EIB: Motorways and airports put EU climate bank plans in jeopardy | WWF
EIB: Motorways and airports put EU climate bank plans in jeopardy

Posted on 15 June 2020

Polluting transport infrastructure could get support until 2025 and beyond.
The European Investment Bank is making a mockery of the EU’s Green Deal and climate neutrality goal by preparing to lend to new motorways and potentially new airports. A draft paper shared today by the Bank - which is owned by the Member States - would see polluting transport infrastructure eligible for support at least until 2025 and possibly beyond. 
 
The contents of the ‘EIB Group Climate Bank Roadmap’ position paper are in direct contradiction with its title, and the EIB’s publicly stated intention to become the EU’s ‘climate bank’. 
 
Sébastien Godinot, WWF EU economist said:
"You cannot be the ‘EU climate bank’ if you are doling money out to infrastructure that destroys the climate. And the EU cannot say it wants to get green when it is funding ‘brown’ activities. The EIB is at a crossroads: it must kick out new motorways and airports  immediately to show that it can credibly become the EU climate bank.”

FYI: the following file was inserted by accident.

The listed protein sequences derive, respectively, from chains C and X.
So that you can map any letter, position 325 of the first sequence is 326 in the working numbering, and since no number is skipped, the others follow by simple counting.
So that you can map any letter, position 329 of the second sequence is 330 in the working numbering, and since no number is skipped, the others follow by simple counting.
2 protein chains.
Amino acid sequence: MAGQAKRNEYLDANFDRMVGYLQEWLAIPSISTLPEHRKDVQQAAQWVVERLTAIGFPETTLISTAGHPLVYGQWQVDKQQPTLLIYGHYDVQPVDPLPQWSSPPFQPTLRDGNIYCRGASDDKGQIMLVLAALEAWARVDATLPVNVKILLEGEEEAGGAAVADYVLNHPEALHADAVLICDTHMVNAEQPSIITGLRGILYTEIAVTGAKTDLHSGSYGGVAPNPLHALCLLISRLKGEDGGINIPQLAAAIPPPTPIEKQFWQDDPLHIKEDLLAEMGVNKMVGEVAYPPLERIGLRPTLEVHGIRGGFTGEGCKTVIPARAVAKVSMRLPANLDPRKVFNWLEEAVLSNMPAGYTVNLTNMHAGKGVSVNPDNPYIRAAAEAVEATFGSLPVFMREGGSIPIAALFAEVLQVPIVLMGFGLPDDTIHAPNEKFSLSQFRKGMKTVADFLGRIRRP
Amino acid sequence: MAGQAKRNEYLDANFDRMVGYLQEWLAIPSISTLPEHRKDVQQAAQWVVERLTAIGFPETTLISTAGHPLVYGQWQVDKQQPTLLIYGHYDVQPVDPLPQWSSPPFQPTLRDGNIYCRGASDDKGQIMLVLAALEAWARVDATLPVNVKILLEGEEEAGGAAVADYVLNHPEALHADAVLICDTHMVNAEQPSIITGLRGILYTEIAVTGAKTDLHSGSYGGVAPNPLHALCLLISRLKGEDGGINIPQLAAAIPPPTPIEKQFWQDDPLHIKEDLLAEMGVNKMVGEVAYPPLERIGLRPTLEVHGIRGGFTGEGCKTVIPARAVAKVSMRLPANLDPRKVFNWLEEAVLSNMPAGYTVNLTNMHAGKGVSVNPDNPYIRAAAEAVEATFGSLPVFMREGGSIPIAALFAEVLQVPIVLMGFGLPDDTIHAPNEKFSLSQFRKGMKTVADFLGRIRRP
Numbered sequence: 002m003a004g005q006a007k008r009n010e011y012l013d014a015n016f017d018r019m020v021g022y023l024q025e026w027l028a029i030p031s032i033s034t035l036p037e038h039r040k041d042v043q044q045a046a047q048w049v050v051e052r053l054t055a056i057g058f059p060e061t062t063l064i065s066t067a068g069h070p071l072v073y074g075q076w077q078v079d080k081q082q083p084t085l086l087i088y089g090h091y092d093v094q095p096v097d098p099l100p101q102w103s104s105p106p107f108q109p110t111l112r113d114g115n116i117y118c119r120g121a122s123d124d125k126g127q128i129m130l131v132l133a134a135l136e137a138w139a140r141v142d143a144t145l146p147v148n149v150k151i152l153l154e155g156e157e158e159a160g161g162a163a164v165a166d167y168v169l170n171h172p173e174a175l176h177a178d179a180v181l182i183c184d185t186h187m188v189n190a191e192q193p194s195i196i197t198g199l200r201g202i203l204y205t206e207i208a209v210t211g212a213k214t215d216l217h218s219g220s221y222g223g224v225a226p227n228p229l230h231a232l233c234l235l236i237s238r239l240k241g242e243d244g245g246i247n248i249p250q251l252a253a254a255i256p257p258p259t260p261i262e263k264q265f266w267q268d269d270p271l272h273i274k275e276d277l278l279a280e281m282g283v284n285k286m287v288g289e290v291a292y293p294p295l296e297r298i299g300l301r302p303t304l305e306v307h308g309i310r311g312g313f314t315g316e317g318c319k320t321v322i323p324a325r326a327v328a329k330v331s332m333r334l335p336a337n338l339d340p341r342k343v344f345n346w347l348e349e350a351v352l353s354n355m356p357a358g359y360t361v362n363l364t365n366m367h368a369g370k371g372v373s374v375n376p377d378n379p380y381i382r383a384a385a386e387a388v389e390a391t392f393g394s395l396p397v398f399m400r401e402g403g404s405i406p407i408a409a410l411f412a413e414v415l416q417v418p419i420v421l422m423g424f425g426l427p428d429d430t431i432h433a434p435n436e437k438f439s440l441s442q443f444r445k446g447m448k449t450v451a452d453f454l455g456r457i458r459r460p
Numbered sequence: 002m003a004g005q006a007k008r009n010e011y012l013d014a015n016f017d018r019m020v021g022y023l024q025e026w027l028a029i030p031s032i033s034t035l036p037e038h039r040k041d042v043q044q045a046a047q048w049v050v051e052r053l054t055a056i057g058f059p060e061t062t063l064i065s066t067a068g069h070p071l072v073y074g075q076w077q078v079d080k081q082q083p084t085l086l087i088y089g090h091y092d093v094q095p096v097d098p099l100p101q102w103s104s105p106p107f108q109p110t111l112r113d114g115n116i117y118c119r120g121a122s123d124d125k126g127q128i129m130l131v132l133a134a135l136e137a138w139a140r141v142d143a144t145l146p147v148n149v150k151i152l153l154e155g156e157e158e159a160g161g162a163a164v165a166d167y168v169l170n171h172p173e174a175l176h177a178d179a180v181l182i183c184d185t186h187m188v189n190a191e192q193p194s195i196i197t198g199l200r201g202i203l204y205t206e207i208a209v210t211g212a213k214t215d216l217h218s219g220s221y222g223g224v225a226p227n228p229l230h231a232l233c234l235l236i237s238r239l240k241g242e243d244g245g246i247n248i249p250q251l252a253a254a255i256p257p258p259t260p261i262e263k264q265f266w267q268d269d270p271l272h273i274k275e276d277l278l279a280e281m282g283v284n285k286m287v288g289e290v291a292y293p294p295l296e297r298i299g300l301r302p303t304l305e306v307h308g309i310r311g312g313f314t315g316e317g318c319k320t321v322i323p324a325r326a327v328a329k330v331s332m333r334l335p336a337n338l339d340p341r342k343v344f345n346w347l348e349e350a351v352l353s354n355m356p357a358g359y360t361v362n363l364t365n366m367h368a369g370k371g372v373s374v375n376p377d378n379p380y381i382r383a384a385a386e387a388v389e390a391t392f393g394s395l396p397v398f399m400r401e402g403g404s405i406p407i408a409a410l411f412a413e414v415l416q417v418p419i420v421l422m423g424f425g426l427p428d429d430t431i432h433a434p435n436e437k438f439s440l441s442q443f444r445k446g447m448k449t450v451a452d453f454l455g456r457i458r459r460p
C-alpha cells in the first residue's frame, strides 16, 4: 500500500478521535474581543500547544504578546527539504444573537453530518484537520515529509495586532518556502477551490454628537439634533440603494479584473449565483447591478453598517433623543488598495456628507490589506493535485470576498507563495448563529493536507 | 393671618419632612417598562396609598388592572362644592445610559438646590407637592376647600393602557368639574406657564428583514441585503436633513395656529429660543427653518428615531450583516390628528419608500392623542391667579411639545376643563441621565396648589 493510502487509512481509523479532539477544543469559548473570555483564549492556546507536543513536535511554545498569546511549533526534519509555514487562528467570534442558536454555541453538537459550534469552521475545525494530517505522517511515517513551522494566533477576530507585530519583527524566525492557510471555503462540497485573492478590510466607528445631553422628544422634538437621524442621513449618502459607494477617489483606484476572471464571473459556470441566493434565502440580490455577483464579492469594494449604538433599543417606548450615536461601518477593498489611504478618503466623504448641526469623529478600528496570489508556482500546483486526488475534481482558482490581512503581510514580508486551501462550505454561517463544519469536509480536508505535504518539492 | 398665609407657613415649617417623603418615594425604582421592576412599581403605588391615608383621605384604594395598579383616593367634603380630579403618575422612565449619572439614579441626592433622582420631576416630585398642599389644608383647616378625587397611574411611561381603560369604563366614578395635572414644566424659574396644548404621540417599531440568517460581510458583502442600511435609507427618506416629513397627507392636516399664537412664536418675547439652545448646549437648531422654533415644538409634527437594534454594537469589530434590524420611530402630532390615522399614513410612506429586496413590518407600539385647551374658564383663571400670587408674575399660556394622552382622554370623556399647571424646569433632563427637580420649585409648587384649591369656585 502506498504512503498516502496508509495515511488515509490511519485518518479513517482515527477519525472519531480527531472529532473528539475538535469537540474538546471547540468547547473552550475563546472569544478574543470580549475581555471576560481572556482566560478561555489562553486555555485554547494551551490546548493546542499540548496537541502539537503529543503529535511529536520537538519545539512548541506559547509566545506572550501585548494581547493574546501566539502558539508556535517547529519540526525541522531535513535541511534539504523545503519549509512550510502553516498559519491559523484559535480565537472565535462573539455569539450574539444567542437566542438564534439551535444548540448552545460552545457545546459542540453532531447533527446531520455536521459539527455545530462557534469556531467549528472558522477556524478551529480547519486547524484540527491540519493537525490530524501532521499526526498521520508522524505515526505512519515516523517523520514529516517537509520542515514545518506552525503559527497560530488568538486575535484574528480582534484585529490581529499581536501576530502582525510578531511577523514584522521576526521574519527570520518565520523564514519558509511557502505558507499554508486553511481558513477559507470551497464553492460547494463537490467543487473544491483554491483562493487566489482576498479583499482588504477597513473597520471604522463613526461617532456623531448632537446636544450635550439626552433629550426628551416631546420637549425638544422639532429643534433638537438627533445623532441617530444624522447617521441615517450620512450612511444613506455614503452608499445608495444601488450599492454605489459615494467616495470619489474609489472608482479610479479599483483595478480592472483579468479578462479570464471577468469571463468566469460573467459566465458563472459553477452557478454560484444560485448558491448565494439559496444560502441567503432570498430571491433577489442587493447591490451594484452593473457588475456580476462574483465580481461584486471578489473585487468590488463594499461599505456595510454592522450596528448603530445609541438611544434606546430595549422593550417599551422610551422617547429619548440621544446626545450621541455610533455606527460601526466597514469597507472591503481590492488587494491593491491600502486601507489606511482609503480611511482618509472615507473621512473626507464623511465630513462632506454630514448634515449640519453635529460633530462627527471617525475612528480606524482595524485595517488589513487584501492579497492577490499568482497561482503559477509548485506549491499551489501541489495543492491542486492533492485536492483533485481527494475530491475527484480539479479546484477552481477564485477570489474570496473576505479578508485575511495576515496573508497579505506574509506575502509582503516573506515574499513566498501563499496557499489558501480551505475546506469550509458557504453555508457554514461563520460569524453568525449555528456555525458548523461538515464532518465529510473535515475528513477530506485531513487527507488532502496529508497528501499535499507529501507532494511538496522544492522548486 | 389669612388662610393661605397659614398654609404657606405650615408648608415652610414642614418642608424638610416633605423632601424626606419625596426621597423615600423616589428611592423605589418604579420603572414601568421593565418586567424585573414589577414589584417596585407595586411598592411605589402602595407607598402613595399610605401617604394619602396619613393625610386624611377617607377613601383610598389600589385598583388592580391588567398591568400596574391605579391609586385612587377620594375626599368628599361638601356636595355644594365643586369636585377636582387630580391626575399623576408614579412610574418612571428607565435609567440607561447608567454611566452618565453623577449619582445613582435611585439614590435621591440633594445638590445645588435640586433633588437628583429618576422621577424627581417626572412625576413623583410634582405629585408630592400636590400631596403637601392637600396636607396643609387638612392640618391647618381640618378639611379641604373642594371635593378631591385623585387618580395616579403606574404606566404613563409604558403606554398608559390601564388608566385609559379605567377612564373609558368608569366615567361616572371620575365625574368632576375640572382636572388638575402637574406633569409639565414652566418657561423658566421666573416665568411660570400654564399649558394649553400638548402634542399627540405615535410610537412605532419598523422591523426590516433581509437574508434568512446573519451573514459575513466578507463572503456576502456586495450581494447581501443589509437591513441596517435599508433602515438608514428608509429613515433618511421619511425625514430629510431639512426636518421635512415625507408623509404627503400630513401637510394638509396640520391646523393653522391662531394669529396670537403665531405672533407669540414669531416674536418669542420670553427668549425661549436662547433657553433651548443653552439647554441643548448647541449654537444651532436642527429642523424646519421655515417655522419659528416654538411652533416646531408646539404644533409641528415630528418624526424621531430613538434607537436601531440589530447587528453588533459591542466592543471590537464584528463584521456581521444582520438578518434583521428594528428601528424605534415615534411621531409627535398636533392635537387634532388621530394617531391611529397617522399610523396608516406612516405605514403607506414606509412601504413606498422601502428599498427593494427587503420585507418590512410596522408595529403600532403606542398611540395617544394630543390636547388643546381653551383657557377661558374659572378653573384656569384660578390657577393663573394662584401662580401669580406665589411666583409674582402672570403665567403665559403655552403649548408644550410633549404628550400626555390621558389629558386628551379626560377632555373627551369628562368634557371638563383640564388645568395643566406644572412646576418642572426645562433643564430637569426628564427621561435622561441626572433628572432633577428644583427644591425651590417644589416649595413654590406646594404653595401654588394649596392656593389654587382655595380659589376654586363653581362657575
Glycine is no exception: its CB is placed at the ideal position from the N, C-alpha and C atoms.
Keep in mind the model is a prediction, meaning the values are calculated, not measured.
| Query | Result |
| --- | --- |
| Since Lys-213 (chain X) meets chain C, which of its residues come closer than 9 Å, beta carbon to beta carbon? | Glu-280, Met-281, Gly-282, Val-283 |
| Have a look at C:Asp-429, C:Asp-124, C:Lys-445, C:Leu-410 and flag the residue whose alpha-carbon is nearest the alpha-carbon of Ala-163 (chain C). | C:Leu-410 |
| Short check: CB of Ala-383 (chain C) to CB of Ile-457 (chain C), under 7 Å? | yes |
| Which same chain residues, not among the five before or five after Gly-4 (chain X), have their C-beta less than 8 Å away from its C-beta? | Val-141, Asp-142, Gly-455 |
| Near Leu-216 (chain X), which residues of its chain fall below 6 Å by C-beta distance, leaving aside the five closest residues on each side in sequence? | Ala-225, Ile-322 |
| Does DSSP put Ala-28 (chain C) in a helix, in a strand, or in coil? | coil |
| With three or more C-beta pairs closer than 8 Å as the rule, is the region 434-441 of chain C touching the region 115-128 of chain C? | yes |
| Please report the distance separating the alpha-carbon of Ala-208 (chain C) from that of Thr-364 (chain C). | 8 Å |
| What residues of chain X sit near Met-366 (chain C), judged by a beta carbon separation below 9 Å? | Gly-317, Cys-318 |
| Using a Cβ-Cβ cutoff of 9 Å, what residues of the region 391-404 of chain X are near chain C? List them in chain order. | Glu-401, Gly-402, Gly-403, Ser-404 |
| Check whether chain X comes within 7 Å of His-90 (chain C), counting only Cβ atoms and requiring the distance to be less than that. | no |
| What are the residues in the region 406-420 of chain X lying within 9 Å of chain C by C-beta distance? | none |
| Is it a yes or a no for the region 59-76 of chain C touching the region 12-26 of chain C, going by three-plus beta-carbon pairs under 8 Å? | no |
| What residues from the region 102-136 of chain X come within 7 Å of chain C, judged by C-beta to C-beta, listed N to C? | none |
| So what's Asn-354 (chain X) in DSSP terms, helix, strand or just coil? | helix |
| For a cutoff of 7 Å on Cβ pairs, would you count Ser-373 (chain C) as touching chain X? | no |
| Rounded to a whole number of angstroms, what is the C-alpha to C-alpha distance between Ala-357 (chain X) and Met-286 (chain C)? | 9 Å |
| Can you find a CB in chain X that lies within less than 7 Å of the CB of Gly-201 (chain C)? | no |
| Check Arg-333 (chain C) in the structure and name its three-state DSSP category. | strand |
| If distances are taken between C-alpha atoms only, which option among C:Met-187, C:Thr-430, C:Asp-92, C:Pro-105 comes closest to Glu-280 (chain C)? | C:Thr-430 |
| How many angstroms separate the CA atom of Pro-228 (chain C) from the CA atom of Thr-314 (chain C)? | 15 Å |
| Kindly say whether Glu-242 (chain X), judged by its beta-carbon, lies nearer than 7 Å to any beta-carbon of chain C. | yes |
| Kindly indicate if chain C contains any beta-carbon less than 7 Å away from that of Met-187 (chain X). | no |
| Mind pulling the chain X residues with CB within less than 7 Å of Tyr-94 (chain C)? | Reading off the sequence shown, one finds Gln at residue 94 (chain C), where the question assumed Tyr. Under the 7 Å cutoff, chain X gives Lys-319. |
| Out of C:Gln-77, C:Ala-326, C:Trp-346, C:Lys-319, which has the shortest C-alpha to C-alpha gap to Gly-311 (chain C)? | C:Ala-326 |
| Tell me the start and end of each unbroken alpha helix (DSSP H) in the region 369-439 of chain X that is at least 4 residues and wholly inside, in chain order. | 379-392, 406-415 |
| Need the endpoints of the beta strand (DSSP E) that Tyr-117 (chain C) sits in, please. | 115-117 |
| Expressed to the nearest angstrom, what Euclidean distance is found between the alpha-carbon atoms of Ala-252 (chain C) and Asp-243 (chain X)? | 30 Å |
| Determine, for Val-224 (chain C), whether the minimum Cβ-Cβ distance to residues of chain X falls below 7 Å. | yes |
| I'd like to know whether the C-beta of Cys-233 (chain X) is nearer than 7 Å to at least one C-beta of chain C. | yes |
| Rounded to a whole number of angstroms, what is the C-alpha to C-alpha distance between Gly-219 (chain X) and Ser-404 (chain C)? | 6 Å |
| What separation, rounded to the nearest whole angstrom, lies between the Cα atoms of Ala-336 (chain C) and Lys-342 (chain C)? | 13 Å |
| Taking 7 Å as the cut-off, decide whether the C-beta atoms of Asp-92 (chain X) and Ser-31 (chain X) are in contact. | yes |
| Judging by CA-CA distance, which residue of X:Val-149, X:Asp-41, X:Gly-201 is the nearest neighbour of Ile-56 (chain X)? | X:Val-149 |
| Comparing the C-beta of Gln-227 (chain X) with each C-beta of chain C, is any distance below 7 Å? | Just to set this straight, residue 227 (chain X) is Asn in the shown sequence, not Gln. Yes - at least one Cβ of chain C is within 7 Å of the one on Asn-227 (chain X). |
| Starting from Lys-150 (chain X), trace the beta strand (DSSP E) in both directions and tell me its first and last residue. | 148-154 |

The draft ‘EIB Group Climate Bank Roadmap’ was published ahead of a 25 June EIB webinar to be held with civil society on the ongoing Climate Strategy review. The draft will go to the EIB board - composed of the 27 EU finance ministers - shortly after it, to be approved in the autumn.
 
The EIB is preparing to extend huge loans to aid the EU’s post-COVID recovery. The Bank  is planning to support EUR1 trillion of sustainable investment before 2030, but these plans risk being derailed if the wrong projects are classified as sustainable. In the last four years alone, the EIB has supported motorways with EUR10.6 billion and airports with 4 billion.
 
Last November the EIB took a welcome step forward by agreeing to end lending to fossil fuels from 2021.

More information:
A week after this reaction was sent out, WWF and other NGOs sent an open letter to the EIB president to ask for urgent steps to be taken so the EIB can become the EU climate bank.
 
Contact: 
Sébastien Godinot
Economist, WWF European Policy Office
+32 489 46 13 14
sgodinot@wwf.eu

Sarah Azau
Media Manager, WWF European Policy Office
+32 473 57 31 37
sazau@wwf.eu 
Singapore airport
© WWF / Matthew Lee